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So you bought insurance against a data breach. With all the potential loopholes and variables, is it worth the cost for the coverage required to handle a real-world scenario? That’s a tender subject these days at Sony. In light of their recent breaches, soaring near an estimated $180 million, it seems their insurance provider, Zurich American Insurance Co. has asked the New York State Supreme Court to indemnify it from paying the hefty claims.
Sony’s woes to date have resulted in the filing of over 55 class-action suits related to the breaches. Zurich American says their commercial insurance only covers “bodily injury” and “property damage”, and argue that Sony’s damage can’t be classified as either. It seems insurance company coverage, when it does extend to cyber coverage, normally only covers the cost of re-creating the data, not the legal and other collateral damage involved.
Part of the insurance companies’ pain relates to quantifying damage amounts in a field that’s a relative newcomer to the insurance world. In that case, insurers tend to wade gently into the water, and are far more conservative in their coverage than the cyber business community would prefer. John Pescatore, an analyst with Gartner, said cyber insurance policies didn’t provide any “meaningful bounding of the financial exposure from a cyber incident.”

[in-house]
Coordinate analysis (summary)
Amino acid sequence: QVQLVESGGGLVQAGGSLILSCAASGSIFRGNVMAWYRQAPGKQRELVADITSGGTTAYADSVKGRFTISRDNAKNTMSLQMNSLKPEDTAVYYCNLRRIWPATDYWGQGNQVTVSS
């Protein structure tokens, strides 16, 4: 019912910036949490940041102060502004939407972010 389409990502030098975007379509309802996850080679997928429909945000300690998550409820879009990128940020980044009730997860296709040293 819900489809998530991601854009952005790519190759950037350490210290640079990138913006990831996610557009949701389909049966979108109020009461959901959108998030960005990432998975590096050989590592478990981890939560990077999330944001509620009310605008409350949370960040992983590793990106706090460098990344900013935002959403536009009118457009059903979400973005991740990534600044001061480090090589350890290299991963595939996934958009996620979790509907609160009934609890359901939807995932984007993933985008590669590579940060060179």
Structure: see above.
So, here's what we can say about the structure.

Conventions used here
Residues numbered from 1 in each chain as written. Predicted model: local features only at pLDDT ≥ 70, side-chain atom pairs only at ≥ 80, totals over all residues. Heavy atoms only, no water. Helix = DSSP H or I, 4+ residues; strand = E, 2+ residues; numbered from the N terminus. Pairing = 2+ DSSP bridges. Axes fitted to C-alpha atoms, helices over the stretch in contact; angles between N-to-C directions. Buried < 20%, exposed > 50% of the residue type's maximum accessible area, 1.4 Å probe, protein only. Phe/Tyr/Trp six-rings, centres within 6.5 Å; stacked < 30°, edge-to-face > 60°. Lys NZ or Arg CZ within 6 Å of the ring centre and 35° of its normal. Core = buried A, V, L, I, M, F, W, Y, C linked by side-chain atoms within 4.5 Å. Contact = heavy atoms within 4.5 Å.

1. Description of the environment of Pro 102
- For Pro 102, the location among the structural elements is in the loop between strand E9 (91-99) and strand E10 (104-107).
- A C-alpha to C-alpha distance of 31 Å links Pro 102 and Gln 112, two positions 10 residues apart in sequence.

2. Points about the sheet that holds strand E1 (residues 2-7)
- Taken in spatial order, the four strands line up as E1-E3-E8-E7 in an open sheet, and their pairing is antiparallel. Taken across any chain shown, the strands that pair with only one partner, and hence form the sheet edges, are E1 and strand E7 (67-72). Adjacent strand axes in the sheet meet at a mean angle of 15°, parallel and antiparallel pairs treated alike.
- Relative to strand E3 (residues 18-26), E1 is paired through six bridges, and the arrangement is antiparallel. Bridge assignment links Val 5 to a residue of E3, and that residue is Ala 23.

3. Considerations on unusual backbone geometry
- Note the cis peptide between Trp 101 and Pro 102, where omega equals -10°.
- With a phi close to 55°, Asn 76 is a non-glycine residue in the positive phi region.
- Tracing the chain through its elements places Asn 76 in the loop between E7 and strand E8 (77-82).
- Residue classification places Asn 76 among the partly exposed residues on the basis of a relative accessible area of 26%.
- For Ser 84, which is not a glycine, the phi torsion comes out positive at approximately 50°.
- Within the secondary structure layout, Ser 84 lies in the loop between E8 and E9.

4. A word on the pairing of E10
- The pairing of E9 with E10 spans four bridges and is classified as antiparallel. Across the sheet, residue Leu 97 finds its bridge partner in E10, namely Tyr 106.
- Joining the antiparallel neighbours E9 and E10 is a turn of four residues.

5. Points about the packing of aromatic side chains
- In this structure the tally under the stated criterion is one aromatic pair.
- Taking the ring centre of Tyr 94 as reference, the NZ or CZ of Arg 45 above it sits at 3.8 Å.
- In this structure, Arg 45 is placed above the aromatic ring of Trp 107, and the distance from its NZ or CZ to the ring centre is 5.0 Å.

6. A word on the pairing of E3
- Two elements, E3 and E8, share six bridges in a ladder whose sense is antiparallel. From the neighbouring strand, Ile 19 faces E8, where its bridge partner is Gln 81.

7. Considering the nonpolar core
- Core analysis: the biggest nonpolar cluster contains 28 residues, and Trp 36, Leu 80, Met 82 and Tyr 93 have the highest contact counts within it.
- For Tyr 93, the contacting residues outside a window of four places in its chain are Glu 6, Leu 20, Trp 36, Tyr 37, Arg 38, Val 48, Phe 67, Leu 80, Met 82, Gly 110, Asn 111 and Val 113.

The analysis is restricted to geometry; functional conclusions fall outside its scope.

This means check your policy closely, find out what burden is needed to prove there has been an “injury” relative to the terms of your policy. Many businesses assume a general policy will have them covered, only to find out the hard way after a data breach occurs. In this case, the old Boy Scout motto, “Be Prepared”, might be sage wisdom for companies with a significant presence in the cyber world.
In the future, insurance companies will be forced to analyze and understand the risks more completely in this arena. Toward that effort, the recent flurry of data breaches at various organizations will allow them to backfill their actuarian data and get a better handle on this developing market. In the meantime, do your homework when looking for complete coverage, make sure it really covers what your organization expects and needs.
Author Cameron Camp, ESET